Keith Vaz has stepped down from his role as chair of the Home Affairs Select Committee following allegations he paid for the services of two male escorts. The MP for Leicester East has come under pressure to step down from the role he was elected into in July 2007 following allegations originally made by the Sunday Mirror.

The married father-of-two is accused of paying two escorts for sex at his London flat as well as asking them to bring over the sex-enhancing drug 'poppers' – one of the so-called 'legal highs' outlawed under the government's Psychoactive Substances Act.

Confirming his intention to stand down, Vaz said: "It is in the best interest of the Home Affairs Select Committee that its important work can be conducted without any distractions whatsoever. I am genuinely sorry that recent events make it impossible for this to happen if I remain chair. I have always been passionate about select committees, having served as either chair or member for half of my time in parliament. The integrity of the select committee system matters to me. Those who hold others to account, must themselves be accountable.

"I am immeasurably proud of the work the committee has undertaken over the last nine years, and I am privileged to have been the longest serving chair of this committee. This work has included the publication of 120 reports, hearing evidence from ministers 113 times, and hearing from a total of 1379 witnesses. I am very pleased that so many members of the committee have gone onto high office and ministerial positions.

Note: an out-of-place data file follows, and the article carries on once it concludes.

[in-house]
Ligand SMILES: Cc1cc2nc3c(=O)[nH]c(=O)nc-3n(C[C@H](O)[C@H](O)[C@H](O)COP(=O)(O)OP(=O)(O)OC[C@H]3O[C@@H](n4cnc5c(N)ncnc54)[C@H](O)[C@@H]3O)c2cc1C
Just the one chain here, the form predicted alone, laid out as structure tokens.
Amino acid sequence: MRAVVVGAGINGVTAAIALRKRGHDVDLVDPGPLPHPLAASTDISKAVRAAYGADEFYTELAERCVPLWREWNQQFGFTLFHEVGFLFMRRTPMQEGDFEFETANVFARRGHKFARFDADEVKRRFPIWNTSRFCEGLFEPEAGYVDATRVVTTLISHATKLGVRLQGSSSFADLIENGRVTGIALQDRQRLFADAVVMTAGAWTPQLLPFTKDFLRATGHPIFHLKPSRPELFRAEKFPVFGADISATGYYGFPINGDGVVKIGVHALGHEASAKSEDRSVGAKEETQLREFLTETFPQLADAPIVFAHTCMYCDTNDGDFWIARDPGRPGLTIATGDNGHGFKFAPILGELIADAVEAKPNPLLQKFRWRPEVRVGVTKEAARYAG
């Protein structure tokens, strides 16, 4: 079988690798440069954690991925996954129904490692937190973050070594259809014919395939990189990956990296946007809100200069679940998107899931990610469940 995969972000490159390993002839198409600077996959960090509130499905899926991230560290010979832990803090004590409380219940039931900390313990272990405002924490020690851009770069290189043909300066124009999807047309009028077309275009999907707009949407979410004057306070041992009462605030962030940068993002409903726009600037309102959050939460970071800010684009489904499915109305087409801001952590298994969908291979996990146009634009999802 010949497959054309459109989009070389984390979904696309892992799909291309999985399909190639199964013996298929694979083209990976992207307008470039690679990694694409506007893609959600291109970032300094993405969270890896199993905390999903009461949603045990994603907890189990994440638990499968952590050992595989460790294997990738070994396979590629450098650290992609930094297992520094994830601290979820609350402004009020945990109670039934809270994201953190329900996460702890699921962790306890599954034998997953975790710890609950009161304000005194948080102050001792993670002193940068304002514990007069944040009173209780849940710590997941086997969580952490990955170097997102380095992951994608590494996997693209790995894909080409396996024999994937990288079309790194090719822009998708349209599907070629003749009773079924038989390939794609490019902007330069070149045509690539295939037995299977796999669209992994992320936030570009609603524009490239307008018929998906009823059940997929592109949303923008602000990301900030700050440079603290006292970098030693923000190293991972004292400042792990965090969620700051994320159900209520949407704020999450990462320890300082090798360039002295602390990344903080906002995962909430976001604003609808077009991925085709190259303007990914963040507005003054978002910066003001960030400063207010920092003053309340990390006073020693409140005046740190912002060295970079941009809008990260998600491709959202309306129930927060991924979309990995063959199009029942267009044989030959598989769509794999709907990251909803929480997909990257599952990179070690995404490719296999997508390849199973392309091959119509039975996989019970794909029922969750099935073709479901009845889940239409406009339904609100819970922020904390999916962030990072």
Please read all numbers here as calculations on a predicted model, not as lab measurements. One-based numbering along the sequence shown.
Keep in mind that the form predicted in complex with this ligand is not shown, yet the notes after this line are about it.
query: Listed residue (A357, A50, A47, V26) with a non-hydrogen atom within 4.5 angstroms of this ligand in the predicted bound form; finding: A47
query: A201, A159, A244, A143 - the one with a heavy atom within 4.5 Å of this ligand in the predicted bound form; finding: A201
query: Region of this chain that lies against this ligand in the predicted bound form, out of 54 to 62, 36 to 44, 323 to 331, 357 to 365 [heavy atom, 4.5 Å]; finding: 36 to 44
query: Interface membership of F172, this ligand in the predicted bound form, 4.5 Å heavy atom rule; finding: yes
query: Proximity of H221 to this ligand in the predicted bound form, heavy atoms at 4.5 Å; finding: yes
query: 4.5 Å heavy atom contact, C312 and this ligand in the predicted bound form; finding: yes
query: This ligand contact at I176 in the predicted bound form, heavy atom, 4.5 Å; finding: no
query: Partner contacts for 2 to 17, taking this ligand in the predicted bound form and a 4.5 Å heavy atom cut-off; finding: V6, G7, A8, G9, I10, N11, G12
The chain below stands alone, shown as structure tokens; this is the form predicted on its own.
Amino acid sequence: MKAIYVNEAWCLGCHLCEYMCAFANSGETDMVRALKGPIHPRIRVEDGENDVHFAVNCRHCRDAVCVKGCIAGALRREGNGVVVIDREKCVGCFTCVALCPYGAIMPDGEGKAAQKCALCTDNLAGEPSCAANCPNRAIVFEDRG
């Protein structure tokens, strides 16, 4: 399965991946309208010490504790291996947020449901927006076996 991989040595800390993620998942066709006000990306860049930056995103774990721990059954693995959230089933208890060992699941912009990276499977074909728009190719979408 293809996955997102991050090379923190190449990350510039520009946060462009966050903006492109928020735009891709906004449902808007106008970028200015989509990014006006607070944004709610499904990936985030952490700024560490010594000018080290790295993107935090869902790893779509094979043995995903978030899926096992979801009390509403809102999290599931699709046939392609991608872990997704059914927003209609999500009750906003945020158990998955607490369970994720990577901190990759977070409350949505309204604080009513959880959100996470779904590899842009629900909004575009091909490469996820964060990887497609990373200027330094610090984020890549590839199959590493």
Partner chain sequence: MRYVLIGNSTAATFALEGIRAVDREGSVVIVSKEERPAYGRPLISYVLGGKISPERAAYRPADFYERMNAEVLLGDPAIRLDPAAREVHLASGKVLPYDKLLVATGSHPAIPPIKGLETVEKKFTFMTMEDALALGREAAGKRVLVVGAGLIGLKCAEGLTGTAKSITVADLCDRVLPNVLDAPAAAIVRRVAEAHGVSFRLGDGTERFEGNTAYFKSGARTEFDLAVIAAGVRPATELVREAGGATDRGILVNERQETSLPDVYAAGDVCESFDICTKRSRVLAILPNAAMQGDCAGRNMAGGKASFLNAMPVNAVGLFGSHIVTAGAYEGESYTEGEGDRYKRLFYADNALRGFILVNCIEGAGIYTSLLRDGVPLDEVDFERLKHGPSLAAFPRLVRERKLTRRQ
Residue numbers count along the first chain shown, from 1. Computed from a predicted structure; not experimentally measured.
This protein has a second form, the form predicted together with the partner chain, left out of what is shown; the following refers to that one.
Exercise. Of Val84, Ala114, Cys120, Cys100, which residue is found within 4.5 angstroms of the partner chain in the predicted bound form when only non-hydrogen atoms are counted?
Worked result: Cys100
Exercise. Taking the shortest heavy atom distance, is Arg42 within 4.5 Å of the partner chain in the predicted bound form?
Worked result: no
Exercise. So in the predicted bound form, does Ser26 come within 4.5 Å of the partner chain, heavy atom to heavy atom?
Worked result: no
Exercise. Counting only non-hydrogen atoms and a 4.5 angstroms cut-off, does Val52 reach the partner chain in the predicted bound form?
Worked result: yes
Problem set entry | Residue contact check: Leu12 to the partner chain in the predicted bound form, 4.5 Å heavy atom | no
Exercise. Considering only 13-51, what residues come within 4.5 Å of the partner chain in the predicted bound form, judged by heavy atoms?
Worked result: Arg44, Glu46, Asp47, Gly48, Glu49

"I told the committee today of my decision to stand aside immediately from committee business, and my intention to resign. This is my decision, and mine alone, and my first consideration has been the effect of recent events on my family."

Vaz recommended Tory MP Tim Loughton MP as interim chair.

Keith Vaz
Labour party MP Keith Vaz leaves his home in north west London Toby Melville/ Reuters

The allegations against Vaz also arrived while the committee he is chairing is holding an inquiry into prostitution. In July, it published an interim report which suggested that the Home Office should "immediately change existing legislation" so that soliciting is no longer an offence and brothel-keeping laws allow sex workers to share premises.

Labour leader Jeremy Corbyn said Vaz would not be expelled from the party over what he said is a "private matter". He added: "He has not committed any crime that I know of. He is going to meet the Home Affairs Committee and discuss with them what his role will be in the future. I'm not sure what their decision will be."

Prime Minister Theresa May discussed the allegations at the G20 summit in China. She said: "What has been clear throughout my political career, and what is important for people, is that they feel they are able to have confidence in their politicians, and that is what we have a duty to apply for those who elect us.

"What Keith does is for Keith and any decisions he wishes to make are for him. But overall, what people want is confidence in their politicians."

This article has been amended to say Vaz was elected chair in 2007 not 2015, which is when he was re-elected for the role.